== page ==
Facts About Acupressure

Facts About Acupressure

Acupressure: What you need to know

Have you ever held your forehead or temple because of a splitting headache? This is a natural impulse that we all have, and it may be for a reason. It may actually help relieve pain, due to an ancient treatment called acupressure.

Facts About Acupressure

History:

  • Over 5,000 years ago, the ancient Chinese discovered that putting pressure on certain areas of the body helped alleviate pain, and helped with functions of internal organs. Since then, the Chinese have used acupressure as a means of wellness, and it has also spread all over the world.

What is acupressure?

  • According to Acupressure.com, “Acupressure is an ancient healing art using the fingers to gradually press key healing points, which stimulate the body’s natural self-curative abilities.” Acupressure is used to relieve a variety of stress related conditions, and is often used to help boost the immune system. It helps release tension, increases blood circulation, reduce pain, and strengthens spirituality.

How does it work?

  • Accupressure points (or potent points) are areas on the body that are very sensitive to our bioelectrical impulses. When these potent points are stimulated with pressure, endorphins are released. According to an article by the Science Museum, “Endorphins are our body’s natural opiates, produced when we experience stress. Endorphin release from neurons increases during exercise and this is thought to promote a feeling of well-being.” When endorphins are released, they also relieve pain and increase blood flow. This helps muscles relax and heal.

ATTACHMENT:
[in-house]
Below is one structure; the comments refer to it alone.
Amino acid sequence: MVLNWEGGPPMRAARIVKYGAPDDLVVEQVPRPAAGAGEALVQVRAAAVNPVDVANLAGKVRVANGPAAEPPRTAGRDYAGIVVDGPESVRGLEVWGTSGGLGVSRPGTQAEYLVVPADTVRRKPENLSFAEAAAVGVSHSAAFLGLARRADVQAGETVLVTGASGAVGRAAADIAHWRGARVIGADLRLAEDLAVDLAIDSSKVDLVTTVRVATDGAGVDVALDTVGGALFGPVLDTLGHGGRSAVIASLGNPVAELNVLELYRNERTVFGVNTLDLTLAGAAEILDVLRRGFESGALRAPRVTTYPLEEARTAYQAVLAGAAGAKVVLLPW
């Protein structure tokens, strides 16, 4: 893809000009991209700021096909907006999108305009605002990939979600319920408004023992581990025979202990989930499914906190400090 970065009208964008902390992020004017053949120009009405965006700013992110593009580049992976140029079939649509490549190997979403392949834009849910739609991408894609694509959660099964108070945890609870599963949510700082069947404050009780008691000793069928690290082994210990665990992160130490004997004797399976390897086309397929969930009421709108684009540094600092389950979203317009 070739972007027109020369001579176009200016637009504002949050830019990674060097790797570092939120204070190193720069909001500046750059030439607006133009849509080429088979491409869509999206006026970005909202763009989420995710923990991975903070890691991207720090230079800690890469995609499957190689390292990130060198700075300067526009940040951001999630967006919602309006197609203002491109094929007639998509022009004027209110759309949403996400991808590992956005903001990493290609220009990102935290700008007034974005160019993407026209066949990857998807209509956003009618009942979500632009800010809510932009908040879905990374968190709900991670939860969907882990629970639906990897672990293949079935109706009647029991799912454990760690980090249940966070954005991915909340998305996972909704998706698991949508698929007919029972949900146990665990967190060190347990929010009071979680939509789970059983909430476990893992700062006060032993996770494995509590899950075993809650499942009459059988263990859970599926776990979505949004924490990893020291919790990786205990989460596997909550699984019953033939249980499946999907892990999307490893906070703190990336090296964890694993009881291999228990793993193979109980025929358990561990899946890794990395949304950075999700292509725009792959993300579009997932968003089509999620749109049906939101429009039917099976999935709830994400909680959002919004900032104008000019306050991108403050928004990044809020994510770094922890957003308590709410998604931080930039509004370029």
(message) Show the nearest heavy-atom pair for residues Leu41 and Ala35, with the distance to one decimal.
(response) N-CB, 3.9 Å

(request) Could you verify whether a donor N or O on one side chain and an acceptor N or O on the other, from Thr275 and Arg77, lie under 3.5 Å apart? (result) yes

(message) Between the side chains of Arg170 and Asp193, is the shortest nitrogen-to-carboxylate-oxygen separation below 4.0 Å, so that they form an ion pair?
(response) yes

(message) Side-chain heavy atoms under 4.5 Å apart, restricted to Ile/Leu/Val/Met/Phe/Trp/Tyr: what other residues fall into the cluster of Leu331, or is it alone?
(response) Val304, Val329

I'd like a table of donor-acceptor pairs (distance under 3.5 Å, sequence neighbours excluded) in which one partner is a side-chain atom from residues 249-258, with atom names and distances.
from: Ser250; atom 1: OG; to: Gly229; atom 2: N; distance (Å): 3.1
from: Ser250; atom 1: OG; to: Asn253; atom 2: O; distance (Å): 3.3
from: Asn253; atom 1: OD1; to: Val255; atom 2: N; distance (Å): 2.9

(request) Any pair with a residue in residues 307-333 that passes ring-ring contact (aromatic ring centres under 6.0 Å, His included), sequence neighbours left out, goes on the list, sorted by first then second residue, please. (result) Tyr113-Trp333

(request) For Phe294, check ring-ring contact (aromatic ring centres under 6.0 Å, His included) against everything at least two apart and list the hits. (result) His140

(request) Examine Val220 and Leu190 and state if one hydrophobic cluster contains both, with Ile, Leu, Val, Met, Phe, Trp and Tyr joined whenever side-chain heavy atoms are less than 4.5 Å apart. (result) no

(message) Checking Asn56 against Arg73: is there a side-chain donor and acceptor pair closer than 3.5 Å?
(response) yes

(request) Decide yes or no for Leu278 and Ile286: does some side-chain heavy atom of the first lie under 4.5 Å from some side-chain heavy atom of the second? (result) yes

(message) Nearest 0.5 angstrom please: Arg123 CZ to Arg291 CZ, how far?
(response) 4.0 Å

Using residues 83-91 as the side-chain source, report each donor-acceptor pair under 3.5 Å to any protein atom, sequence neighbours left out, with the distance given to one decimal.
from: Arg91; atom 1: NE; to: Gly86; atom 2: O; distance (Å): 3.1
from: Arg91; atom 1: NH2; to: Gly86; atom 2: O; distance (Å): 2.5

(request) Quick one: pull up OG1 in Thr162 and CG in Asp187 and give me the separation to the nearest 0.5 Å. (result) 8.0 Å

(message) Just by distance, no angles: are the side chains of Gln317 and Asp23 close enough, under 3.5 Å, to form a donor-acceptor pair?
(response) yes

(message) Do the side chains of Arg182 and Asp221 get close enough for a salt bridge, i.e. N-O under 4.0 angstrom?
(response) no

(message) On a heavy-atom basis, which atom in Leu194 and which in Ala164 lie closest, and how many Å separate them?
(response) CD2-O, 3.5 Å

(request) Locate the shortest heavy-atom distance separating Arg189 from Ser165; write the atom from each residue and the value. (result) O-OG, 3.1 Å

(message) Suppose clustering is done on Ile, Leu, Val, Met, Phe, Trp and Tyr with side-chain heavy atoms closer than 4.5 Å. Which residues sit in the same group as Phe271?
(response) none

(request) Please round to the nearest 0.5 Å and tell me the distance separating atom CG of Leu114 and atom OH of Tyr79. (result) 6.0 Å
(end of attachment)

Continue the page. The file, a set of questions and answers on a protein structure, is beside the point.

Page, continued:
How to apply pressure:

  • Use steady, penetrating pressure with your fingers directly on the point. Each point should be pressured for 3 minutes. A general guideline for how much pressure to use is to press somewhere pleasant pressure and pain.
  • Stimulation may be applied using any of the following techniques:
    • Thumb or finger pressure
    • Pressure using a foot
    • Pressure using an arm or elbow
    • Scraping tools made of stone or bone (guasha)
    • Heat through an herb called mugwort (moxibustion)
    • Glass cups containing vacuum pressure (cupping)

    An acupressure session may involve stretching the body, holding points and therapeutic massaging of the points or meridian channels.

Note: A qualified practitioner in the United States will have 500 hours of training and be certified through the American Organization for Bodywork Therapies of Asia (AOBTA).

Acupressure points for the hand charts:

Picture courtesy of http://www.acupressure.com/

  • Acupressure

Note: Acupressure and Reflexology both have ancient histories stemming from cultures that used body touch as forms of healing. Many assume they are one and the same, but reflexology is different. It is employed on the feet, hands and ears instead of the entire body. Reflexology believes that micro maps of the human body reflect each gland, internal organ and body part on these extremities

REFERENCES

  • 1. Gach, Michael R., Ph.D. “What Is Acupressure?” Acupressure.com. Acupressure.com, n.d. Web. 15 July 2013.
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